But what really got me was the promise that the phone "has a biorhythm feature that measures physical, emotional and intellectual cycles". Fancy that. If I could just find myself a lazy grand, I'd get one and start programming myself into the goddam thing, and try and figure myself out.
I was sufficiently intrigued to Google the phone. Sure enough, it turns out I've been seduced by a clever marketing campaign. The 'Flaunt', as the phone is nicknamed, is apparently 'female-centric' because it can do things like calculate your likely next date of ovulation, and has 'female' features such as : "Clicking the clear button when the phone is in idle mode turns the screen into a mirror."
Unfortunately, the Samsung site is very vague about the emotional and intellectual side of things, but does say:
"The Biorhythm feature allows users to check their daily physical, emotional and intellectual cycles while the Fatness feature is useful to assess body fatness level. In addition, with the built-in Calorie feature, burned calories from daily work and exercise can be calculated and checked."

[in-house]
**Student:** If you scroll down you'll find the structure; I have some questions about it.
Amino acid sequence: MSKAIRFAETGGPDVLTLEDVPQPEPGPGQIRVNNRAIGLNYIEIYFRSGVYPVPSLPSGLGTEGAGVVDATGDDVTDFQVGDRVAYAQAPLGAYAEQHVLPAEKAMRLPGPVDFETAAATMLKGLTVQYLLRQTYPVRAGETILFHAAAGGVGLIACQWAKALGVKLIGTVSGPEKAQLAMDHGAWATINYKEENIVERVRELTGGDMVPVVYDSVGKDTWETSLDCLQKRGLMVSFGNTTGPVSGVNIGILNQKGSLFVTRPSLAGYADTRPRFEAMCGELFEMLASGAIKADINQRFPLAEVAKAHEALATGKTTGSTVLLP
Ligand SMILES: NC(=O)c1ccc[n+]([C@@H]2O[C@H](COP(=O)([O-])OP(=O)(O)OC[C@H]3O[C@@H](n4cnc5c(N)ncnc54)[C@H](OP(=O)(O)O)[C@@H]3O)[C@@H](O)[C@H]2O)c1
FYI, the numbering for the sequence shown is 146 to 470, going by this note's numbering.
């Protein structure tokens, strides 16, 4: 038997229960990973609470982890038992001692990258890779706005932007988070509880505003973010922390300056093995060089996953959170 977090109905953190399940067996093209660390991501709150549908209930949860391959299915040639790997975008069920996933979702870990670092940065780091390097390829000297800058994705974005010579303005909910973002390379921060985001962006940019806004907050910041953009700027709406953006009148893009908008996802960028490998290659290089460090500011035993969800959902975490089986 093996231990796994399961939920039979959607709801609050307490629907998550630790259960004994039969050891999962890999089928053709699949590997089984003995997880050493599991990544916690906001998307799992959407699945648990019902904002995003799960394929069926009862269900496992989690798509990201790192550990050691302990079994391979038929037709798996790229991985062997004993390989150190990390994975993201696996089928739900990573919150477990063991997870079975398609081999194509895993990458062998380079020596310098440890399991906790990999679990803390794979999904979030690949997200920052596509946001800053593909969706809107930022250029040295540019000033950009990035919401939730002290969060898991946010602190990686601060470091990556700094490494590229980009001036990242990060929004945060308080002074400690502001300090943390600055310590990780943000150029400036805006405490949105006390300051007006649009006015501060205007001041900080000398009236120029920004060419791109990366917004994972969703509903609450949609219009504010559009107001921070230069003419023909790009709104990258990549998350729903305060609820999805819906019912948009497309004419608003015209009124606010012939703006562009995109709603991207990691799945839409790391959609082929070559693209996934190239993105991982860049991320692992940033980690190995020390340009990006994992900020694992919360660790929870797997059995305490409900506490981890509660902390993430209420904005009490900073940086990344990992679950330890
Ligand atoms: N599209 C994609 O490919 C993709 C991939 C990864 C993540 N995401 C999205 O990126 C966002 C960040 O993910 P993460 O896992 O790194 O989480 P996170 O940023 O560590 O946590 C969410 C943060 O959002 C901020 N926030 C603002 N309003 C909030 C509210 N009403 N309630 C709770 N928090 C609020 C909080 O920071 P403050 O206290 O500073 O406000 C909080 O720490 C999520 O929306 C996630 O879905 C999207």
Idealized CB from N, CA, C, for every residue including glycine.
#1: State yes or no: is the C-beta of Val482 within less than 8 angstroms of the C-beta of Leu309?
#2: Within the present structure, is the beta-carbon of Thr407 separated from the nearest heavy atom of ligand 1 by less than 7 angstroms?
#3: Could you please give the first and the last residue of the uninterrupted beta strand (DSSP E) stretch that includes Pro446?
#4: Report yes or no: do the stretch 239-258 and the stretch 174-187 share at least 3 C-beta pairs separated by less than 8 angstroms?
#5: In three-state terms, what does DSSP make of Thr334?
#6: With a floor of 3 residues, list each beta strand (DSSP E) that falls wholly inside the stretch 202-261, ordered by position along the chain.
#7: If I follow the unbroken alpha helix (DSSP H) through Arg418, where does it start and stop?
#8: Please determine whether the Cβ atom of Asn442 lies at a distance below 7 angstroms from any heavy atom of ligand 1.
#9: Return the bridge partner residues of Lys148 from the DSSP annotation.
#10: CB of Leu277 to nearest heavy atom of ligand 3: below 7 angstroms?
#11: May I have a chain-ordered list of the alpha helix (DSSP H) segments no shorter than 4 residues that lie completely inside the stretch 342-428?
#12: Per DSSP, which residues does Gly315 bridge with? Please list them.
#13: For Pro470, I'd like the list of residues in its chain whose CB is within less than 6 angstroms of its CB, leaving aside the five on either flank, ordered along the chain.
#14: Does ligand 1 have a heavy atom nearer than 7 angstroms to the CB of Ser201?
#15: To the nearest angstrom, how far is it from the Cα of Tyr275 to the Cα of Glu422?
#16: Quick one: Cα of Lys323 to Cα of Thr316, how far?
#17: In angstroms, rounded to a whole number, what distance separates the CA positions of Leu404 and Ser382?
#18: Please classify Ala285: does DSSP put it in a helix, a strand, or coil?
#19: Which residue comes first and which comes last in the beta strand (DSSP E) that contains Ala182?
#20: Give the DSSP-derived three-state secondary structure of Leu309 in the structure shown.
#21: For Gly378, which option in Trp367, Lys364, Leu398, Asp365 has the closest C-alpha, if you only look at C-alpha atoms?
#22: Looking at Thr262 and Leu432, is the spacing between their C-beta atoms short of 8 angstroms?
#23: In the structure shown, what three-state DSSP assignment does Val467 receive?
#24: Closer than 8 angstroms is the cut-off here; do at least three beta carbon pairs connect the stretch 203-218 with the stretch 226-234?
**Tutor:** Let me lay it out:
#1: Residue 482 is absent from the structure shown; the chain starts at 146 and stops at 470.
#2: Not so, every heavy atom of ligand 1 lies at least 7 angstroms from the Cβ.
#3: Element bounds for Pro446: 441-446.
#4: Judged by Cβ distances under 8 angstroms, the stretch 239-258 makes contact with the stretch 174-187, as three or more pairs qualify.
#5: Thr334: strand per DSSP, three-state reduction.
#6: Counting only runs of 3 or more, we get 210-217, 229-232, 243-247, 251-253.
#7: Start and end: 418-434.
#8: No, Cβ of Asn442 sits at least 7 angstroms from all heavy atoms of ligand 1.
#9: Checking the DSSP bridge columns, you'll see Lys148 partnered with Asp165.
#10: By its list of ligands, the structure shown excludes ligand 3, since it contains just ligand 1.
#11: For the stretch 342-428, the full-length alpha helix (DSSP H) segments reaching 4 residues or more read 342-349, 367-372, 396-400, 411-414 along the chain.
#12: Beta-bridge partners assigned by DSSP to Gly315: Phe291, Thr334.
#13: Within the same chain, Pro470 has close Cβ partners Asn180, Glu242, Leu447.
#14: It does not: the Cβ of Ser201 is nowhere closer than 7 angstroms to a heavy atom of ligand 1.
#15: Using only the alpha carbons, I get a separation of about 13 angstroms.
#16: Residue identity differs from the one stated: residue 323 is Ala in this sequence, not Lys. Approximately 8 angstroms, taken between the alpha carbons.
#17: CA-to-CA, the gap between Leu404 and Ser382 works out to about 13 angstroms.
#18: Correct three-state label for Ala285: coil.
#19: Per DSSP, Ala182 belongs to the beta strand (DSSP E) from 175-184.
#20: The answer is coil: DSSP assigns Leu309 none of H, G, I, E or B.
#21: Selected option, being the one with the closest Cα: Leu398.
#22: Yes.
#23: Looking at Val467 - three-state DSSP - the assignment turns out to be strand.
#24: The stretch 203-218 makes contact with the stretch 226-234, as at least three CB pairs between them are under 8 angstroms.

Gah! Who wants their mobile phone telling them how big their butt is?
What's funny is they're talking about also releasing a 'male-centric' version. Makes you wonder, doesn't it...
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July 04, 2003
Open mike: or, a shameless steal from Quiggin and Dunlop
If it's good enough for John and Tim, it's good enough for me. Just as I was firing up again, I've been knocked out by some kind of bug. OK, I know that I'm running out of excuses for not blogging much! But seriously, I've just been too ill to turn on the computer in the evenings. It hasn't helped having to work twice as hard at work in preparation for my week off. But it's Friday, so things are looking up.
Anyway, this post is now open.
PS. Rob's been laid low too, but it hasn't stopped him being all brilliant and clever, has it? Sniff.( Top posts, Rob!)
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Blair confesses to dark past
"Since, as Winer says, we will all live to see a blogger U.S. President, I rise to nominate T. Blair (and propose a constitutional amendment to allow him to be sworn in). Who's with me?"
Posted by: Theodopoulos Pherecydes at July 4, 2003 01:26 AM
"The skeletons in my closet can form my cabinet! Hey, two cabinets!"
Posted by: tim at July 4, 2003 02:12 AM.